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A Comparative analysis on V. S. Naipaul's A Bend in the River and Joseph Conrads Heart of Darkness - FREE Thesis Proposal Example

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The claim that Joseph Conrad’s “Heart of Darkness” champions the colonizer’s godly presence in Africa may engender hot debates because of a reader’s naïve failure to debunk the manifold meanings that are kept hidden beneath the apparently ambiguous structural layers…
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A Comparative analysis on V. S. Naipauls A Bend in the River and Joseph Conrads Heart of Darkness
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Extract of sample A Comparative analysis on V. S. Naipaul's A Bend in the River and Joseph Conrads Heart of Darkness

Critical analysis of V. S. Naipauls “A Bend in the River” as a Sequel to Joseph Conrad’s “Heart of Darkness” The claim that Joseph Conrad’s “Heart ofDarkness” champions the colonizer’s godly presence in Africa may engender hot debates because of a reader’s naïve failure to debunk the manifold meanings that are kept hidden beneath the apparently ambiguous structural layers of the text. The fact whether Marlowe represents the “bloody racist” (as Achebe calls him) or he appears to be the introspectively criticizing voice, of the European conscience, against the colonizers’ vicious racism and rapacity that often remained hidden behind the thick wall of dark African Jungle is more debatable than Naipaul’s assertive attempt, in ‘A Bend in the River’ to construct the colonial identity as an entity that is racially inferior to the European and inherently incapable to expose itself to changes for the betterment (Boehmer 45-7). The tone underlying Naipaul’s approach to the colonizer-colonized relationship obviously tends to vindicate Achebe’s claim that Naipaul essentially establishes himself as the “purveyor of the old comforting myths of Africa’s former colonizers” (Achebe 3). Indeed Naipaul’s ‘A Bend in the River” can be read as a sequel –more appropriately an appendage to- the Conrad’s ‘Heart of Darkness’.
Indeed whether both Conrad and Naipaul are the so-called racists or not, they need to “set up Africa as the foil for Europe” and to show an “image of Africa as the antithesis of Europe and therefore of civilisation.” (Achebe 5) Though critics like Achebe blame these authors for purveying racism and for championing the west’s superiority, they can be acquitted of this blame through their literary detachments from the narrators of their novel. Achebe claims that “Marlow seems to enjoy Conrad’s complete confidence.” (Achebe 6) But he ultimately ignores the fact that Marlow’s narration essentially appears to be the unashamed assertion of the most detestable and rapacious self, of the colonizers, that often remains cloaked under the apparel of being civilized. Indeed referring to the similarity between Conrad’s and Naipaul’s approaches to the people of European colonies, Achebe says that “one of Naipaul’s favorite aims is his “determination to use his creative works to prove that the supposed validity of Conrad’s observations regarding Africa in Heart of Darkness remains despite the departure of Africa’s former colonizers” (Walunywa 2). Like Conrad, Naipaul also can be respectfully differentiated from his narrator Salim in “A Bend in the River”. Naipaul personally was in favor of detaching the writer’s self from his or her book, since he believes in Proust’s approach to the demarcation between a writer and his or her book: “that a book is the product of a different self from the self we manifest in our habits, in our social life, in our vices. If we would try to understand that particular self, it is by searching our own bosoms, and trying to reconstruct it there, that we may arrive at it” (Naipaul, “Nobel Lecture”).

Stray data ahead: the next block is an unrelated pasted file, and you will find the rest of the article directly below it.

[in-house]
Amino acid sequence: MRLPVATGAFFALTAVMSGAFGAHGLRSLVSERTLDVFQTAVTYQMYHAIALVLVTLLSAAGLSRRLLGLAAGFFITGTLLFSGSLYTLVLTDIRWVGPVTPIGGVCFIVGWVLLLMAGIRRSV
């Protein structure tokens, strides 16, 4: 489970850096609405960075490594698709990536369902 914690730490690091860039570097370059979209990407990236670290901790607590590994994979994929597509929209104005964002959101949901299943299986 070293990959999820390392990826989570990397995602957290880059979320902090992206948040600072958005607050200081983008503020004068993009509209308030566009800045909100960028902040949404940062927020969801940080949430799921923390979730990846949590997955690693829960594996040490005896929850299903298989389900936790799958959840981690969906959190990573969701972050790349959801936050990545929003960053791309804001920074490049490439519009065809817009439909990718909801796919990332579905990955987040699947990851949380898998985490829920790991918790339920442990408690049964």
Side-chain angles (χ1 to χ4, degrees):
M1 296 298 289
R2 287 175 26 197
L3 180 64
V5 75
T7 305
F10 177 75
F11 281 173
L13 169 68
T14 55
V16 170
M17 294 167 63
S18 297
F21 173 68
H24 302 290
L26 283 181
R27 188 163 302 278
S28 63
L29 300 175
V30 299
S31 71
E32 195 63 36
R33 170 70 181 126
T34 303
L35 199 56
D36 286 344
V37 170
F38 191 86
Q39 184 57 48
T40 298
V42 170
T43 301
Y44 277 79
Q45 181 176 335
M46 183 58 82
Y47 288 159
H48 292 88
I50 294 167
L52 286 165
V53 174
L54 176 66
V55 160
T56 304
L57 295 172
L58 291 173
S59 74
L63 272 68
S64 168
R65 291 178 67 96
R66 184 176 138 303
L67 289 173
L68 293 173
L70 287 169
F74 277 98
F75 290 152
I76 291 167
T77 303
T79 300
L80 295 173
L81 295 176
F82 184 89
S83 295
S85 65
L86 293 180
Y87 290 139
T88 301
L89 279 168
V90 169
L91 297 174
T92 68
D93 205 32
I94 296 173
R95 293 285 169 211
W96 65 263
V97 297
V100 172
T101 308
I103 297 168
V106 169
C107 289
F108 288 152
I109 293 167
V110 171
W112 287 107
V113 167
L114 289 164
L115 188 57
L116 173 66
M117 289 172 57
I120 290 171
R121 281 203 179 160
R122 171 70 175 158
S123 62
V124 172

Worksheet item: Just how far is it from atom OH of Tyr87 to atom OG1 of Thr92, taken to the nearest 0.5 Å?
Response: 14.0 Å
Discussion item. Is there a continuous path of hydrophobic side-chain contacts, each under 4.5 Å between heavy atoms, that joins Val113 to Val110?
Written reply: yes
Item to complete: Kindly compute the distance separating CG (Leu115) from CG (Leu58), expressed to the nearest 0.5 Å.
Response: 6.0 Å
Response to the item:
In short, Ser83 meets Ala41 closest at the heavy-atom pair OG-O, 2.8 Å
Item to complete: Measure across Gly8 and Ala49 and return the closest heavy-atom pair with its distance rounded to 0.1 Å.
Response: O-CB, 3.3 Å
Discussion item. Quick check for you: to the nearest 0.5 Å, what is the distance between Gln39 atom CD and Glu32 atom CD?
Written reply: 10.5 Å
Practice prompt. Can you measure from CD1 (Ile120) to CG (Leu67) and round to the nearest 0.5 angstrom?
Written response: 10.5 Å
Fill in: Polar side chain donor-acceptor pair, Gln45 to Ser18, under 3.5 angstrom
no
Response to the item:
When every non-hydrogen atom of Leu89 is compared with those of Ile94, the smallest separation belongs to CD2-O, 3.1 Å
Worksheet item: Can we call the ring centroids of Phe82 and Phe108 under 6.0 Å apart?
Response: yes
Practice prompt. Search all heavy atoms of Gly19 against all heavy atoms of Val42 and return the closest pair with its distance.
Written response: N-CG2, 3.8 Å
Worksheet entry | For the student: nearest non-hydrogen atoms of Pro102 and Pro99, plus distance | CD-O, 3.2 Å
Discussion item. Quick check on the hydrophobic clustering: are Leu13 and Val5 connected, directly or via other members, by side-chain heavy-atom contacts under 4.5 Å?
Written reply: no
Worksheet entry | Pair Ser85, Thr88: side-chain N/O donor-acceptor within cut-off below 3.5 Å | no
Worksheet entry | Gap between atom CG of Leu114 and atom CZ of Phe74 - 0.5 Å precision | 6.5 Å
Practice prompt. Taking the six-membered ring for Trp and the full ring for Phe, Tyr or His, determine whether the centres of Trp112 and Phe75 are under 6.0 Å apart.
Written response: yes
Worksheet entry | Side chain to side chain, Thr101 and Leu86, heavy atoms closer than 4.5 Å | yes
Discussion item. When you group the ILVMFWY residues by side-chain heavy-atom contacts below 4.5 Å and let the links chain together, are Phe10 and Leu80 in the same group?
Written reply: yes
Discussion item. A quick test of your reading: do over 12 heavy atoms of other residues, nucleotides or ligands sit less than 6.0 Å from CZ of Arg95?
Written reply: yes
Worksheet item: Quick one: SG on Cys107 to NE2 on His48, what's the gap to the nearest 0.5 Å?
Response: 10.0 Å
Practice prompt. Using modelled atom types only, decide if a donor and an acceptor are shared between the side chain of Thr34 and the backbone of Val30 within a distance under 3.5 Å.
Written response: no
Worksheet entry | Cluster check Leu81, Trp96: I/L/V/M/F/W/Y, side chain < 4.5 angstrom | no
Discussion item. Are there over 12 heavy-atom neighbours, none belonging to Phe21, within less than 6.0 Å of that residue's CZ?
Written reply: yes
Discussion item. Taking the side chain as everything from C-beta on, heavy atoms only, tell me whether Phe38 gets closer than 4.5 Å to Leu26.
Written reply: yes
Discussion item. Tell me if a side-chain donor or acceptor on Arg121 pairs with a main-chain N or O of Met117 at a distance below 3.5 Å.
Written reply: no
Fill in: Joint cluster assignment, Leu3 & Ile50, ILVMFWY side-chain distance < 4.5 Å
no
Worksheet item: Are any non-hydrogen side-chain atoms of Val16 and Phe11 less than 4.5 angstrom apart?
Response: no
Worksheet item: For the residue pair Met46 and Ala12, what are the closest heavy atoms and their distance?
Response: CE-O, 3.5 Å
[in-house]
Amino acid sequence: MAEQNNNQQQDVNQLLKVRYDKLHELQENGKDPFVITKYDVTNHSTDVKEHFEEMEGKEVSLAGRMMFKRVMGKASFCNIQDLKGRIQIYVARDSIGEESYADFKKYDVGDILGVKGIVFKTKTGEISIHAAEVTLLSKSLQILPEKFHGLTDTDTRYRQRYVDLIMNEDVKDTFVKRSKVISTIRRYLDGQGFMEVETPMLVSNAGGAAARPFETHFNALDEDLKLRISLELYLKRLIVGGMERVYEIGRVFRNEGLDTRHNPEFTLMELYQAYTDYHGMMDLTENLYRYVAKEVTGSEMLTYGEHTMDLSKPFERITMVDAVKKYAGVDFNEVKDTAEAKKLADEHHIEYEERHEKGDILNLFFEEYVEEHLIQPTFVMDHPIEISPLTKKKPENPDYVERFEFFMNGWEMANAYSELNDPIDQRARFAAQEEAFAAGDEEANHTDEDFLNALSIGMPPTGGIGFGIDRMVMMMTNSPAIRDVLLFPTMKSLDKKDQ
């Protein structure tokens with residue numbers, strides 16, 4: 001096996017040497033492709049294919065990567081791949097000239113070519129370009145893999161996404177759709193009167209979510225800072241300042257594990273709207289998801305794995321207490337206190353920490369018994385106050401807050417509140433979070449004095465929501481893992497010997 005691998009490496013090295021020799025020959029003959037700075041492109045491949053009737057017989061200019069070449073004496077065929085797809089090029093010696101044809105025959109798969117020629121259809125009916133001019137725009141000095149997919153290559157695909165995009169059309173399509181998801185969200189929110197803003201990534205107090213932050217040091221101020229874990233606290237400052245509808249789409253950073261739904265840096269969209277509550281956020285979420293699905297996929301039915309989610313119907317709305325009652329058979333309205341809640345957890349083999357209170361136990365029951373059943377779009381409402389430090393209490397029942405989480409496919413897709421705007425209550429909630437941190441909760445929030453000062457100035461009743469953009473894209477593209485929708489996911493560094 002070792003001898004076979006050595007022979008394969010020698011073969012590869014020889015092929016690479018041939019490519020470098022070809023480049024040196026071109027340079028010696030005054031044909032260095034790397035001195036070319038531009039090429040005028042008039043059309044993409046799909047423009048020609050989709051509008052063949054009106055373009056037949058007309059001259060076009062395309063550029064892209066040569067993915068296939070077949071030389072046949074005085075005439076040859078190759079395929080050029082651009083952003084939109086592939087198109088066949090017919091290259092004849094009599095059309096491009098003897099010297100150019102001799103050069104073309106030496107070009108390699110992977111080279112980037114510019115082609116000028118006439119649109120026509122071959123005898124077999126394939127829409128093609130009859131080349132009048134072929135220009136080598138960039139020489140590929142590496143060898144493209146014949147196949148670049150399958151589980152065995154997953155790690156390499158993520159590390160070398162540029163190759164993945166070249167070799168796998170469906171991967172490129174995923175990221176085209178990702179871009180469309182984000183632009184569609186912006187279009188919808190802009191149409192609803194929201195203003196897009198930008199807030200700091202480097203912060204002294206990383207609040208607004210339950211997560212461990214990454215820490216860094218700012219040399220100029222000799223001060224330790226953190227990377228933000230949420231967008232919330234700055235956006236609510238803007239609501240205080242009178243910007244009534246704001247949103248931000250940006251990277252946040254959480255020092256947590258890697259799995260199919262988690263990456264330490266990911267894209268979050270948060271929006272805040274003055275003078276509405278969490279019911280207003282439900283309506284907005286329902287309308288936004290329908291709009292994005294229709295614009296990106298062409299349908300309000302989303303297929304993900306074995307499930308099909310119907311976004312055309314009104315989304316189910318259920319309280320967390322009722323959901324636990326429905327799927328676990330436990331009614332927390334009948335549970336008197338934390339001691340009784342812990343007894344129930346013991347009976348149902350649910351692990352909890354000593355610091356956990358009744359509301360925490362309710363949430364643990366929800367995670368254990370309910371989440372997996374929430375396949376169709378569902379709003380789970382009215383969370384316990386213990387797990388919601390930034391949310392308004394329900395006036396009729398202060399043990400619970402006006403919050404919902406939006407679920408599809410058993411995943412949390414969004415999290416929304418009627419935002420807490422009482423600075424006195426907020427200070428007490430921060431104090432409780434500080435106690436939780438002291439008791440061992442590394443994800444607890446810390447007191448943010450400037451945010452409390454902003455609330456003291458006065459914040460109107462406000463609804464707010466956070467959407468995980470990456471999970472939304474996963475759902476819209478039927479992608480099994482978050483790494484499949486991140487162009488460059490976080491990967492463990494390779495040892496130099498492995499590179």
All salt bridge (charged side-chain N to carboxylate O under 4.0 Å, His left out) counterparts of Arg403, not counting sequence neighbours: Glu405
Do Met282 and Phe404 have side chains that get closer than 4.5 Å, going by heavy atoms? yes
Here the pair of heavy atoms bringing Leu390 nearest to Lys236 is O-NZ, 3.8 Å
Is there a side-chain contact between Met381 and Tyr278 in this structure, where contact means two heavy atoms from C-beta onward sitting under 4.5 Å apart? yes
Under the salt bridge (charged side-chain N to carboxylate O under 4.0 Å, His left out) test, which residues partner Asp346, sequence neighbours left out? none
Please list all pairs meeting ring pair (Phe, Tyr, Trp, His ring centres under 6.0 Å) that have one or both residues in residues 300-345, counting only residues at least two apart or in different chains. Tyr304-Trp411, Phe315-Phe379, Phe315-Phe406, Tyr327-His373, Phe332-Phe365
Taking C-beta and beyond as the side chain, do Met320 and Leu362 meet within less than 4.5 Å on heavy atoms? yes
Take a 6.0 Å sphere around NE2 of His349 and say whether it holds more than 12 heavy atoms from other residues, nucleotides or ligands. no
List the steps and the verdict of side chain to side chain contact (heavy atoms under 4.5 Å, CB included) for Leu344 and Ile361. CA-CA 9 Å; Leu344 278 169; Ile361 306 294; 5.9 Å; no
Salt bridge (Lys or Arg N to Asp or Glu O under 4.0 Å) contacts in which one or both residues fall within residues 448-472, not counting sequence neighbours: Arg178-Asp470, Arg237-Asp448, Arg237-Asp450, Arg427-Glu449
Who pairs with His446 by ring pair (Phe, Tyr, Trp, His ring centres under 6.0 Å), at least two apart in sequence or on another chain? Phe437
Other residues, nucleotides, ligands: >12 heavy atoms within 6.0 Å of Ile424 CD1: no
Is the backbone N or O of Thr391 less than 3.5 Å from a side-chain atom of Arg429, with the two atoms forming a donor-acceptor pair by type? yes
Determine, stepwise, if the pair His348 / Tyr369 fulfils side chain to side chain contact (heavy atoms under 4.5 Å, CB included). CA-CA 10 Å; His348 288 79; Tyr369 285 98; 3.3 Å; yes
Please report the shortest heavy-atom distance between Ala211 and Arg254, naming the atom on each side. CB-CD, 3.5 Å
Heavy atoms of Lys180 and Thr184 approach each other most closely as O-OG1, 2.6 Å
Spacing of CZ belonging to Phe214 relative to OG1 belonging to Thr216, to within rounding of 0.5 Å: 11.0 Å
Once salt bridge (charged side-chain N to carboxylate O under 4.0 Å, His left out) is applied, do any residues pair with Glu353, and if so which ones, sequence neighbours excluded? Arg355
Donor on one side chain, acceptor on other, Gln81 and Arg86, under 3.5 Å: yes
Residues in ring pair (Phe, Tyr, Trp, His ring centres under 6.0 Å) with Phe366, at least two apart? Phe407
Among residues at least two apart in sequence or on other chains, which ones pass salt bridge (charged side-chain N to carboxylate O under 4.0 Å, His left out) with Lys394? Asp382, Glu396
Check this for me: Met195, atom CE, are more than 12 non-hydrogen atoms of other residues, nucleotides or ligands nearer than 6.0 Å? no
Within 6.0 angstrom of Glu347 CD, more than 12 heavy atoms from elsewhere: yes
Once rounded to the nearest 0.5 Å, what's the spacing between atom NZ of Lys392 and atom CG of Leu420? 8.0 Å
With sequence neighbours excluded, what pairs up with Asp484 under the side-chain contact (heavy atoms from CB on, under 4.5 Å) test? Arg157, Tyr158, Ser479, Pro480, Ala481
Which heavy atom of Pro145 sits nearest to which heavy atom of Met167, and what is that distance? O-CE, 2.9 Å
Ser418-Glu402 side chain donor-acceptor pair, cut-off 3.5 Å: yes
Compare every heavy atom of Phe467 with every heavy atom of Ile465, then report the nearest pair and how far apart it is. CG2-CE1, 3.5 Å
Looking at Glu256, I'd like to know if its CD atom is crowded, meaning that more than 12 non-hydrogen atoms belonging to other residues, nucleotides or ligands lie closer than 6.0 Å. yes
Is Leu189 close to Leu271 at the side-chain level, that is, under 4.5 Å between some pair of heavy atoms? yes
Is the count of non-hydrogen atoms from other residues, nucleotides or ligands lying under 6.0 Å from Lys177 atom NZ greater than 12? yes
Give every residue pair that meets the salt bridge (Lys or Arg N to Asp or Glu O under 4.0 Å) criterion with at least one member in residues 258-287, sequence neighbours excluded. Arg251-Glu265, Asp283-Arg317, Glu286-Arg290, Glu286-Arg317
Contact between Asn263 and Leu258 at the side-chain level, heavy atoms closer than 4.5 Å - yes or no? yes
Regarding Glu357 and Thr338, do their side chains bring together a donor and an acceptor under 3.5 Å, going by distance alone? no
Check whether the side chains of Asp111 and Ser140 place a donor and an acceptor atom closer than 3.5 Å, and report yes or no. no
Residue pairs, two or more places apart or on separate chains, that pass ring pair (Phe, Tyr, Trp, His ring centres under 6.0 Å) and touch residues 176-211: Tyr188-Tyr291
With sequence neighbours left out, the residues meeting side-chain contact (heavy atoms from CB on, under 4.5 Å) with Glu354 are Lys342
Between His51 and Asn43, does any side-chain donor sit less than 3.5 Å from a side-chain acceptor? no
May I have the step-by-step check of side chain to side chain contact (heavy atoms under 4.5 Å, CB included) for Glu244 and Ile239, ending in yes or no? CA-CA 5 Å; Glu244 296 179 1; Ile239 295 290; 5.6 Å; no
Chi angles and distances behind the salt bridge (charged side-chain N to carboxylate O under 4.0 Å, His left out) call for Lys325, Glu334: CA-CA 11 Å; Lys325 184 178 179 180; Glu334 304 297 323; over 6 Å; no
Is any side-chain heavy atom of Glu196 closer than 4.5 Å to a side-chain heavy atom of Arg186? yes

In “A Bend in the River” the narrator Salim primarily plays the role of a conduit that essentially upholds Naipaul’s literary disposition that “Africans are incapable of negotiating the transition from underdevelopment to modernity because their faults in that regard are inherent” (Walunywa 4). But Salim’s identity crisis, if supposed to be a literary construct by Naipaul in the novel, is a neocolonial product that is subjected to “considerable criticism by employing Salim’s constricted frame of reference” (Walunywa 3) and obviously Salim’s failure to transgress the boundaries imposed by his community and his futile attempt to form a newer identity, meaningful for his existence, breaking beyond the neocolonialist boundaries. The correspondence between Conrad’s Kurtz and Naipaul strikingly reveals that both of the narrators are each other’s antithesis. Both of them are the products of the colonizer’s unquenchable rapacity and racism.
Works Cited
Achebe, Chinua. "An Image of Africa: Racism in Conrads Heart of Darkness." Hopes and Impediments: Selected Essays, 1965-1987. London: Heinemann, 1988. 1-13.
Boehmer, Elleke. Colonial and Postcolonial Literature: Migrant Metaphors. Oxford: Oxford UP, 1995.
Naipaul, VS. “Nobel Lecture”, 7 December 2001, available at http://www.guardian.co.uk/books/2001/dec/07/fiction.vsnaipaul1
Walunywa, Joseph. “The “Non-Native Native” in V.S. Naipaul’s A Bend in the River”, Postcolonial Text, Vol 4, No 2 (2008) Read more
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